FAU researchers uncover patterns in the movement of cancer cells

FAU researchers observed that a pattern was suddenly revealed in the apparently chaotic movements of cancer cells. (Photo: FAU/Claus Metzner)
FAU researchers observed that a pattern was suddenly revealed in the apparently chaotic movements of cancer cells. (Photo: FAU/Claus Metzner)

Expansion of a well-established method used in probability theory enables new insights into the behaviour of tumour cells

Bayesian statistics, which can be used to describe the information about a situation and the process of learning about it mathematically, is often used in searches for planes which have crashed or ships which have sunk. The search team starts by making a map of the most likely and less likely locations of the accident and then continuously updates this map as new information is received in order to hone in on the actual site of the accident. In a study published in the latest edition of the renowned journal Nature Communications*, FAU physicists demonstrate that this process, known as Bayesian updating, can also be applied to objects whose movement patterns change constantly and unpredictably. The researchers used the process to observe cancer cells as they moved through artificial tissue, allowing them a more detailed insight into the behaviour of the cells than is possible with methods that have been used previously.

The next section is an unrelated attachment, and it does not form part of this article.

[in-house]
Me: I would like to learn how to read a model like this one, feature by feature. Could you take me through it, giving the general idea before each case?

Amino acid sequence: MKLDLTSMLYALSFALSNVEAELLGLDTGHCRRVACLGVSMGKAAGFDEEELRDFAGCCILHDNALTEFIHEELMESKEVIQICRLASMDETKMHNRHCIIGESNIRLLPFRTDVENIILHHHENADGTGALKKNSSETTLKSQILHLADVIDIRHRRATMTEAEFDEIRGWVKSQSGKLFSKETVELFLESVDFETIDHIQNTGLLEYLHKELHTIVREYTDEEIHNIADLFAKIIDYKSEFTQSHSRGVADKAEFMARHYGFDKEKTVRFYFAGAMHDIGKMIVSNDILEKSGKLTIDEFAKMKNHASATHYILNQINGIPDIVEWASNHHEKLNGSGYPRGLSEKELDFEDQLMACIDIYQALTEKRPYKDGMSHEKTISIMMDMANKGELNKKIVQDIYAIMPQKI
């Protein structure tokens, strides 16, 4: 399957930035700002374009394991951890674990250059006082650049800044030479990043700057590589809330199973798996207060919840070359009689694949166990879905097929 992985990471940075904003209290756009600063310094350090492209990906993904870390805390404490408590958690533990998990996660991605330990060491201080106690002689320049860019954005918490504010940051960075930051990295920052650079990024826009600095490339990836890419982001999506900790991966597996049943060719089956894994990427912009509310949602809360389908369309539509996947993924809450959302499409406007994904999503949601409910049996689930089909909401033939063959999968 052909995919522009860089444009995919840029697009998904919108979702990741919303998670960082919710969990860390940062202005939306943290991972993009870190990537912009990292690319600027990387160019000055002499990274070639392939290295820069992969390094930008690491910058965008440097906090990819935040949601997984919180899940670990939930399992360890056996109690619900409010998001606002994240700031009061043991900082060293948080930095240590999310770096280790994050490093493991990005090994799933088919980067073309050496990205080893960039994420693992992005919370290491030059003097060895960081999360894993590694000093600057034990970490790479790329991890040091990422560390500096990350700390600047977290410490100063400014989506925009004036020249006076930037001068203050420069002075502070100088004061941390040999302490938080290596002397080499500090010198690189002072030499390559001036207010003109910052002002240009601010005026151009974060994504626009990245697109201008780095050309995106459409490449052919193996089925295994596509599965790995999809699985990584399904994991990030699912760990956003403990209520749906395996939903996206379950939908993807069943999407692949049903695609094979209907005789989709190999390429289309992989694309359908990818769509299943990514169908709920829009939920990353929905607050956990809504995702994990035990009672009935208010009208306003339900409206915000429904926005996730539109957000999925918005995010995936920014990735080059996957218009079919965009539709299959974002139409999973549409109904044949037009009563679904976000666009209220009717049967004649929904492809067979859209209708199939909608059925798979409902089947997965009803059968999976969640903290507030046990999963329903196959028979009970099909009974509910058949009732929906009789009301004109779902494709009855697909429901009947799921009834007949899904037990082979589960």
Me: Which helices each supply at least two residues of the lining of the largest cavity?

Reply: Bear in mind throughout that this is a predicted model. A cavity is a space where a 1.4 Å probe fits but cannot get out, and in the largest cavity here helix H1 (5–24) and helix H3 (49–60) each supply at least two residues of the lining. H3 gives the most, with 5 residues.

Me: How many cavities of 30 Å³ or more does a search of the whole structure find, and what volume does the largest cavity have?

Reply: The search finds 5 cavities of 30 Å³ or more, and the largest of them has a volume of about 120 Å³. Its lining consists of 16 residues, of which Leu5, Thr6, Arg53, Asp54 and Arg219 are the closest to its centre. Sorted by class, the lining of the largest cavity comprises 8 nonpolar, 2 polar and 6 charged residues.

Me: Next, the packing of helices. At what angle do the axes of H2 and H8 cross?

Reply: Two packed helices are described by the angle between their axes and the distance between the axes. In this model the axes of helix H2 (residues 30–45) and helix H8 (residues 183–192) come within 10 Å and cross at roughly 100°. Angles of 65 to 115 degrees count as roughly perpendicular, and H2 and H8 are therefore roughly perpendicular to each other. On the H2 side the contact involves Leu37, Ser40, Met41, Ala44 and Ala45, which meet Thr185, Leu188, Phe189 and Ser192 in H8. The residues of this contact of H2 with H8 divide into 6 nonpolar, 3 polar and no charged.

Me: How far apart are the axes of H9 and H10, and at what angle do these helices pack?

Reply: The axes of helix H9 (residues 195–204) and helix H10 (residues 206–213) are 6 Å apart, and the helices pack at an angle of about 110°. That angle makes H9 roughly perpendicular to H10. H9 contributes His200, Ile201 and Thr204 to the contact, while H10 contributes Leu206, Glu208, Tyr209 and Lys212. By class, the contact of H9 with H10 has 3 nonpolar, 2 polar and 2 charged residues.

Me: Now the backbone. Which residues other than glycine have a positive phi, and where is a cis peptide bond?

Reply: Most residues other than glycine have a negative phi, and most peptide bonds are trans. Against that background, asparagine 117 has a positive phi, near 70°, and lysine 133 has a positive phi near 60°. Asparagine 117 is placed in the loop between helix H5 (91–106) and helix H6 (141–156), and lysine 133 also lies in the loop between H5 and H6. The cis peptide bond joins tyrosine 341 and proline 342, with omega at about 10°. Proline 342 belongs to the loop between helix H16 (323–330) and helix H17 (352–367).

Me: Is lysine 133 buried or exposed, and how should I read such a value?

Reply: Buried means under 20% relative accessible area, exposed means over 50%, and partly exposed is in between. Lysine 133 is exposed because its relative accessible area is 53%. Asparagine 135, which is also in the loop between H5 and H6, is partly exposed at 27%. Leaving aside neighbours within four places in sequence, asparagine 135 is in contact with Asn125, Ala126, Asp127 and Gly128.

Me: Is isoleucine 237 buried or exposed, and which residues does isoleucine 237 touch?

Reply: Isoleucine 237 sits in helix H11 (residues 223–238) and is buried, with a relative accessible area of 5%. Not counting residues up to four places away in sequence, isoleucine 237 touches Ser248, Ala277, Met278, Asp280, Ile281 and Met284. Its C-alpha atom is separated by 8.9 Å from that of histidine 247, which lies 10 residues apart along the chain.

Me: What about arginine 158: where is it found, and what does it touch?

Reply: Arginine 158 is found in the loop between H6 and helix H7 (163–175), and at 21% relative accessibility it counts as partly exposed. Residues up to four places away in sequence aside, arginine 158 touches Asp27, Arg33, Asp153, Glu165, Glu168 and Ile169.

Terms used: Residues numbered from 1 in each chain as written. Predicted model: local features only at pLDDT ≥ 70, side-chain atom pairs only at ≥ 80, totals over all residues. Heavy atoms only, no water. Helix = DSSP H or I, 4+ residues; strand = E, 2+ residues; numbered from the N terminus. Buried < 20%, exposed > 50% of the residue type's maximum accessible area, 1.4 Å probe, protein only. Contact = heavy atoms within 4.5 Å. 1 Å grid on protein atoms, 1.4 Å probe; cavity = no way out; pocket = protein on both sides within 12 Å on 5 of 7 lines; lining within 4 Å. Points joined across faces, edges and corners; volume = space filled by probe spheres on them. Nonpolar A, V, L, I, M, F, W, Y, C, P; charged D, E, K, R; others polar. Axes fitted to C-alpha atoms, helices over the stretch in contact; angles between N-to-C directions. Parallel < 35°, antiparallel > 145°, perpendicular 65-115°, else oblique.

During their observations, the team of researchers led by Prof. Dr. Ben Fabry, PD Dr. Claus Metzner and Christopher Mark, MSc, at FAU’s Chair of Biophysics initially determined that the tumour cells’ movement patterns changed constantly, sometimes slowly but occasionally dramatically. This kind of superstatistical behaviour means that on average it is not possible to identify considerable differences between different types of cells. This makes it difficult to make reliable prognoses of how tumour cells in different types of cancer will spread in the body. However, the FAU researchers discovered that when the apparently chaotic sequence of movements are plotted on a Bayesian map, a clear pattern that is typical of the particular type of cancer cells and the particular tissue types is revealed. This pattern can be read like fingerprint. The researchers hope that in the future these kinds of statistical fingerprints will be able to help determine the aggressiveness of cancer cells more accurately and enable appropriate treatment to be developed. In addition, the working group is also investigating how Bayesian updating can be used as a new tool in various other areas, such as in the analysis of the movements patterns of penguins, migratory birds or whales, in the evaluation of accidents in mines, or in risk assessment in stock markets.

Further information:

PD Dr. Claus Metzner
Phone: +49 9131 8525613


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